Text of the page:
Unfortunately, in many places with large religious communities, there is very little tolerance for different customs and viewpoints, even when they have a solid Torah base. Each group claims that “their way” of practising mitzvoth is the “correct” way. This leads to splintering, arguments, and often, to a desecration of God’s Name. This week, I experienced the complete opposite of this. Lee and I were privileged to attend the annual Chief Rabbi Cyril Harris Rabbinical Conference, which took place this year, in Zimbali, KZN. The Rabbinical Conference has been running for some thirty years and is quite unique in the world because rabbis (and, since 2022, rebbetzins too!) from different “brands” of Orthodox Judaism gather together for three days in an atmosphere of brotherhood, friendship and camaraderie. The delegates hailed from a number of disparate “camps” including Chabad, Charedi, Sephardi and National Religious (Mizrachi). These groups have different siddurim, customs regarding how to put on tefillin, dress codes etc. And yet, we all learned together, prayed together and ate together. There was no sense that the delegates were uncomfortable or ‘compelled’ to get on with one another for the sake of expediency. On the contrary, we all enjoyed each other’s company. I believe this is what the Torah envisioned: twelve Tribes, each with its own distinct style and customs, united under the banner of Am Yisrael, the Nation of Israel.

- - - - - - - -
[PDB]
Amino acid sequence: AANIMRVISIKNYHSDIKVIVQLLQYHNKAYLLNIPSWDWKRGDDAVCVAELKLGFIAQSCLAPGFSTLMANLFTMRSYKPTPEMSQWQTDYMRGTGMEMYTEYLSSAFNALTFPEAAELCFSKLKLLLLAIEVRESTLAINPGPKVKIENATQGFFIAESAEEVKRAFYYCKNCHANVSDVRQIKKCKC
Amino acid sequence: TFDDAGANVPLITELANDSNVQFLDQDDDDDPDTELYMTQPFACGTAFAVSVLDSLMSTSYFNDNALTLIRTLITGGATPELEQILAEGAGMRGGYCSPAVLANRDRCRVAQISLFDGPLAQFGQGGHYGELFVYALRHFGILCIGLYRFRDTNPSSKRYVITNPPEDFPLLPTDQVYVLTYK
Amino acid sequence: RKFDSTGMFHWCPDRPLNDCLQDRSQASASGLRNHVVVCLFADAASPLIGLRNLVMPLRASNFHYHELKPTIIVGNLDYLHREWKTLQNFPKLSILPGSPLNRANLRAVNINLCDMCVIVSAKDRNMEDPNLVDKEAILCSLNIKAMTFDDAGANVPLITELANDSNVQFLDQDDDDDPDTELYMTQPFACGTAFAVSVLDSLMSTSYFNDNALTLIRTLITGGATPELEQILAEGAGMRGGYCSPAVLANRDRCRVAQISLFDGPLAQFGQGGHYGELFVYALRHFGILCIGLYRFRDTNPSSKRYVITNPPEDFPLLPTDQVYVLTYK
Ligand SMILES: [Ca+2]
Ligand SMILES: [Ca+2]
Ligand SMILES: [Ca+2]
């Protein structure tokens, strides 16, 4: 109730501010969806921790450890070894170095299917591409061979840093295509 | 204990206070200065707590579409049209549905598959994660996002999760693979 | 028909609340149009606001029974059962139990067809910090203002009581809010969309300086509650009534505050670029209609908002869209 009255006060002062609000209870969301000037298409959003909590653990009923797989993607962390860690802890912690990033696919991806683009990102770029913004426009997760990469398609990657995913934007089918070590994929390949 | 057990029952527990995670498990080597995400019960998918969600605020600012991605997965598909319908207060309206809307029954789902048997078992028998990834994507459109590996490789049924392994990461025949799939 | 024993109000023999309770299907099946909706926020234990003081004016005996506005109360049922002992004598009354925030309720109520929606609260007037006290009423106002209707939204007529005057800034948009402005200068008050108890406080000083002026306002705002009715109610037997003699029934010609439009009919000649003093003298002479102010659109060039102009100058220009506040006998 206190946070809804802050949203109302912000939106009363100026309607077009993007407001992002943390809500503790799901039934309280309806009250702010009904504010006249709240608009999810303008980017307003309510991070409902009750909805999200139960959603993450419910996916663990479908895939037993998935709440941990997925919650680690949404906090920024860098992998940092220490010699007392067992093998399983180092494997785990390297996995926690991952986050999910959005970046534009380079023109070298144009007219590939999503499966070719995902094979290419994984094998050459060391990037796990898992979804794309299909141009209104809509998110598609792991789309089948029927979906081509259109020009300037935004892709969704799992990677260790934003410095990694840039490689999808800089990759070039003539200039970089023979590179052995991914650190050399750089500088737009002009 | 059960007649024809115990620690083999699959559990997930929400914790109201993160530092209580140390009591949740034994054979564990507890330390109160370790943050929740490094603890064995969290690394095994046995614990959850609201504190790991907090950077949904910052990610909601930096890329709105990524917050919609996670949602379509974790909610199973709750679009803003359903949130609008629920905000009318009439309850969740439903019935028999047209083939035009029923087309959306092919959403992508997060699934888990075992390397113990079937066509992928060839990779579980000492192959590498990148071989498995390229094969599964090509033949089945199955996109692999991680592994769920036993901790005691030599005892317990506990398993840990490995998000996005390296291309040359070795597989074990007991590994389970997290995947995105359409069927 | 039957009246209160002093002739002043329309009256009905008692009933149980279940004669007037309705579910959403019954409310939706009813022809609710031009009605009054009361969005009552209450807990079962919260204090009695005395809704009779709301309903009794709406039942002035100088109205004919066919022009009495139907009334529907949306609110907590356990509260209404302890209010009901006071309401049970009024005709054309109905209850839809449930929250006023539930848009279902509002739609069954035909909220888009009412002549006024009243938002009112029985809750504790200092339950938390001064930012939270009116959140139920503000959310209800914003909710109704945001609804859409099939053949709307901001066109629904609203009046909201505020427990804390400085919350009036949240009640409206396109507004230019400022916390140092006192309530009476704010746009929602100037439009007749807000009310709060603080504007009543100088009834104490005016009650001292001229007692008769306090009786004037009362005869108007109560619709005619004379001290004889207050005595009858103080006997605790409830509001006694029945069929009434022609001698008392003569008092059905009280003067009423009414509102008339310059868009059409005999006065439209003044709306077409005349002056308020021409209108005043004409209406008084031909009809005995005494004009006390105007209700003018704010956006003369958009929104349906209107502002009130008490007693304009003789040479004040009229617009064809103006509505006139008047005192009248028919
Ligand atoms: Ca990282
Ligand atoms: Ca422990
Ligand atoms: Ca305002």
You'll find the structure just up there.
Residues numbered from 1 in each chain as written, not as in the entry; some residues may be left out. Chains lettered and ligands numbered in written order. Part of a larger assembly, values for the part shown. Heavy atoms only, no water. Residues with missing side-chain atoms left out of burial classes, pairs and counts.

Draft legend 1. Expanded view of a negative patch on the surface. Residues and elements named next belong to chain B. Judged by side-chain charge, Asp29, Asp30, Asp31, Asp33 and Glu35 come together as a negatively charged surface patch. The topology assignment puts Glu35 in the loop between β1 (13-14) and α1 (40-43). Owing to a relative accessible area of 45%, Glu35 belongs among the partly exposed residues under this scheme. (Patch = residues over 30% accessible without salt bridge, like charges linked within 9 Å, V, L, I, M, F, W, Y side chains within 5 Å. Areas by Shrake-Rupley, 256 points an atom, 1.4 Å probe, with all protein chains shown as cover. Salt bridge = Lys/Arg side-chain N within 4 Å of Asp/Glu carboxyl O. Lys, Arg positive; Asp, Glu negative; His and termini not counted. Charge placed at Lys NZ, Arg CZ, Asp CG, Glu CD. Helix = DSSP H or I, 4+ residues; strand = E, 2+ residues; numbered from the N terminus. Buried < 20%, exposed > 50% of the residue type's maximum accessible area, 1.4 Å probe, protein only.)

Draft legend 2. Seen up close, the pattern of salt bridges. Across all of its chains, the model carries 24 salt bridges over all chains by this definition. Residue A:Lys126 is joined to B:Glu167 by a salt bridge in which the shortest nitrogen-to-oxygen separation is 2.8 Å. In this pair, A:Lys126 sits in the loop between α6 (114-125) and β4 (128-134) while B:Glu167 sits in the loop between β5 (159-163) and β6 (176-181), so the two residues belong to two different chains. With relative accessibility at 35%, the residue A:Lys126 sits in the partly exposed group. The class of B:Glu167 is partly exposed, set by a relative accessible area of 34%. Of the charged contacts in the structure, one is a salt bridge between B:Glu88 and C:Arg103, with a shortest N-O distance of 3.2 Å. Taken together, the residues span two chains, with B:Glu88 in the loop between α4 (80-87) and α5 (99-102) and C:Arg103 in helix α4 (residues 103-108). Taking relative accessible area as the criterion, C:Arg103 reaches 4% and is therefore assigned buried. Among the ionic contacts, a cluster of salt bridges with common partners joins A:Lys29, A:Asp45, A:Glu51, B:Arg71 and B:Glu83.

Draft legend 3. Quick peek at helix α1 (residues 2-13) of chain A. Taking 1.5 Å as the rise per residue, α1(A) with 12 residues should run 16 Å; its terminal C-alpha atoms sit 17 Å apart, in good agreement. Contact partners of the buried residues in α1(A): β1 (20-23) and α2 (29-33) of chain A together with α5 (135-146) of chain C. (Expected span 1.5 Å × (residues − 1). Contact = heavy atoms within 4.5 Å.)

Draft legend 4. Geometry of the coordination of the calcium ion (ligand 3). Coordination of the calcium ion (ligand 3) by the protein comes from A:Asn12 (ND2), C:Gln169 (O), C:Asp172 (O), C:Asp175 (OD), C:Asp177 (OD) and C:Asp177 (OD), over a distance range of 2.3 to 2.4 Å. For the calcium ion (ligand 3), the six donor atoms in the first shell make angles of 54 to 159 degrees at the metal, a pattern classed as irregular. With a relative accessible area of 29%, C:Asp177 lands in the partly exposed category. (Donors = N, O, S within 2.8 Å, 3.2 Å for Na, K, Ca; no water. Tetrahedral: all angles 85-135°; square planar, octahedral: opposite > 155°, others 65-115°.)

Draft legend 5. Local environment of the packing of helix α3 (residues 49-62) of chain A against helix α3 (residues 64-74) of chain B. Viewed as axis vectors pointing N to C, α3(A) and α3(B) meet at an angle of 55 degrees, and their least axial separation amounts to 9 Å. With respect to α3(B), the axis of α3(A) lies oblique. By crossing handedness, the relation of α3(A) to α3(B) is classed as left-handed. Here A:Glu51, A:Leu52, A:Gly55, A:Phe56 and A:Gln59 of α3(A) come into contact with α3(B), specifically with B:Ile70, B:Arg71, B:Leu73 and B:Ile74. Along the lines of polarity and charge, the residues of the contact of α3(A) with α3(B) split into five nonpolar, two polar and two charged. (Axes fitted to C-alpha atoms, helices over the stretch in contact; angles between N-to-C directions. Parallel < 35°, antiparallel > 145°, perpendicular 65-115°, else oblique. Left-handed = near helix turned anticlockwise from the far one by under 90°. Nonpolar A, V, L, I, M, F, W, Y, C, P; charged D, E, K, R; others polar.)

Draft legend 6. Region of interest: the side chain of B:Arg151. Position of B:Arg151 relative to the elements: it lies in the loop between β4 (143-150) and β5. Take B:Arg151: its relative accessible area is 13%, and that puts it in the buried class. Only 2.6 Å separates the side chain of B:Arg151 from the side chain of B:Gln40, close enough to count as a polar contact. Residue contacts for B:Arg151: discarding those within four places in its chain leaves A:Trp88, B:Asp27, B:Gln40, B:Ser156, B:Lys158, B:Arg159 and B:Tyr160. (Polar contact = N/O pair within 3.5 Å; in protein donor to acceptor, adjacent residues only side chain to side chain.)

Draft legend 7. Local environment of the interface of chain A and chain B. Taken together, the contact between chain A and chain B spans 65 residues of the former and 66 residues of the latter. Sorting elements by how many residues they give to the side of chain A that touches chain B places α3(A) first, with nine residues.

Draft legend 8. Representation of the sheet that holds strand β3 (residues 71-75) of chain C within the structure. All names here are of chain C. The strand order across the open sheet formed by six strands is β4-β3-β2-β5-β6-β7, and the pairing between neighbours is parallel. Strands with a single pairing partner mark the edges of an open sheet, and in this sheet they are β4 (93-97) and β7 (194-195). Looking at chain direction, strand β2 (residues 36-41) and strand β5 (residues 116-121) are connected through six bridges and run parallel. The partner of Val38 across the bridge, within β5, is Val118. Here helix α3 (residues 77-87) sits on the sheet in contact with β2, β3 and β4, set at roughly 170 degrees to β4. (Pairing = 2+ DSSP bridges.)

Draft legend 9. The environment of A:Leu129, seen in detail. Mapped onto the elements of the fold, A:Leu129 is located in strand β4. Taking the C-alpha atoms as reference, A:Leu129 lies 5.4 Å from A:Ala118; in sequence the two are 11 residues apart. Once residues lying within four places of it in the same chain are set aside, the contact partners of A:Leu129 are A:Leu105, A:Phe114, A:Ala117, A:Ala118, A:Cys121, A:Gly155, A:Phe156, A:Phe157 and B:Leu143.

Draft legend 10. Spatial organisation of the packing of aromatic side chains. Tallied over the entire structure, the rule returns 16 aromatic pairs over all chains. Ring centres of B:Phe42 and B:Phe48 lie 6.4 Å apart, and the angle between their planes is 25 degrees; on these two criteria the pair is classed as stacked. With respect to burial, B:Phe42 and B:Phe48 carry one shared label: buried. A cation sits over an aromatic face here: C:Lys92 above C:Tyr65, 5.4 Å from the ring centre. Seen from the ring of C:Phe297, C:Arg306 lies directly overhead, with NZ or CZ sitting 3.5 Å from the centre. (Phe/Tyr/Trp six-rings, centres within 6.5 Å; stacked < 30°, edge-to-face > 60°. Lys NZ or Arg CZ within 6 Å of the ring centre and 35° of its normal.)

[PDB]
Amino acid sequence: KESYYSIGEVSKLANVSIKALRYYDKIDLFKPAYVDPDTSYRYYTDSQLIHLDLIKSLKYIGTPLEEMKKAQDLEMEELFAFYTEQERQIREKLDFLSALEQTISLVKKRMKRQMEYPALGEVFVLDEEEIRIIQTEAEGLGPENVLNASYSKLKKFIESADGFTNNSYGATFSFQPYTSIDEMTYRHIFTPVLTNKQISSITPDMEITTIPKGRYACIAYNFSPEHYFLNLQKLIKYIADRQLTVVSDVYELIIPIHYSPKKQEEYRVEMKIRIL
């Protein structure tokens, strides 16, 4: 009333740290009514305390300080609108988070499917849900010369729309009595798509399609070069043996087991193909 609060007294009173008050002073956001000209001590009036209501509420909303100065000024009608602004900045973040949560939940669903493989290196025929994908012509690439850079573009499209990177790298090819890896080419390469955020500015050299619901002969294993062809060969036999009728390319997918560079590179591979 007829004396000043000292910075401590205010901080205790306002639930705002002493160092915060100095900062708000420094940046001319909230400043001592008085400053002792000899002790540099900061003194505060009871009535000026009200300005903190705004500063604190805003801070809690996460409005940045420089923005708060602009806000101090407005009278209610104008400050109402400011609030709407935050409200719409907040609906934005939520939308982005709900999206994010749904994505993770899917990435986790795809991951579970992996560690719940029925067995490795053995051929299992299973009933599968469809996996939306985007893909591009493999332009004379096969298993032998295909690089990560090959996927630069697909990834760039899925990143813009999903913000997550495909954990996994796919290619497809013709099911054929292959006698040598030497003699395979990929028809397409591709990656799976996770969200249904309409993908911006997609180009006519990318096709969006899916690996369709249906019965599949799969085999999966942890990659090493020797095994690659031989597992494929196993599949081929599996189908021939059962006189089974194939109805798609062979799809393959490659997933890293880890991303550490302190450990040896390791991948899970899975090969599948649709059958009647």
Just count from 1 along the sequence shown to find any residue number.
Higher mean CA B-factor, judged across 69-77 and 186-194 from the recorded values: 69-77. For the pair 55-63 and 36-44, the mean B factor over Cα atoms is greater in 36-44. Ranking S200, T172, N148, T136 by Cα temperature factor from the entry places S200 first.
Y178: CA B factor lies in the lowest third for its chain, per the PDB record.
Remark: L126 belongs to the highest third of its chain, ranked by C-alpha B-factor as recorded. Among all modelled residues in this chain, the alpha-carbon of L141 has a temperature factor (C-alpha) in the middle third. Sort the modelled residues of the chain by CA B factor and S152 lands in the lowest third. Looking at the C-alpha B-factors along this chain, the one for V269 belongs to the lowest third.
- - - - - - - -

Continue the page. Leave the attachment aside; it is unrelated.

Lee, Chani Merryl and Naomi join me in wishing you Shabbat Shalom! Rabbi Liebenberg


Link to Rabbi’s YouTube message for the parsha: https://youtu.be/Uq3msNZ_YY8


*Thursday 17 and Friday 18 August – Rosh Chodesh Elul

The month of Elul is a time of Divine Favour. In the first year after the Exodus, Moshe spent forty days on Mt Sinai receiving the Torah. When he descended, he discovered the betrayal of the golden calf. He broke the Tablets and returned to seek forgiveness for a further forty days. Hashem then informed him that He would forgive the Israelites. Moshe descended, fashioned a new set of Tablets for Hashem to engrave and ascended for a third period of forty days. He went up on Rosh Chodesh Elul and remained on the mountain for forty days, descending with the new Tablets on the 10th of Tishrei – Yom Kippur (see Rashi Shmot 33:11). During Elul, we sound the shofar daily; we add Psalm 27 at Shacharit and Maariv and, towards the end of the month, we recite Selichot, prayers for forgiveness.  The Molad (appearance of the new moon) for Elul is on Wednesday 16 August at 17h04 and 17 chalakim (a chelek, literally a “portion”, is a Talmudic measure of time equal to one-eighteenth of a minute, or 3 and 1/3 seconds).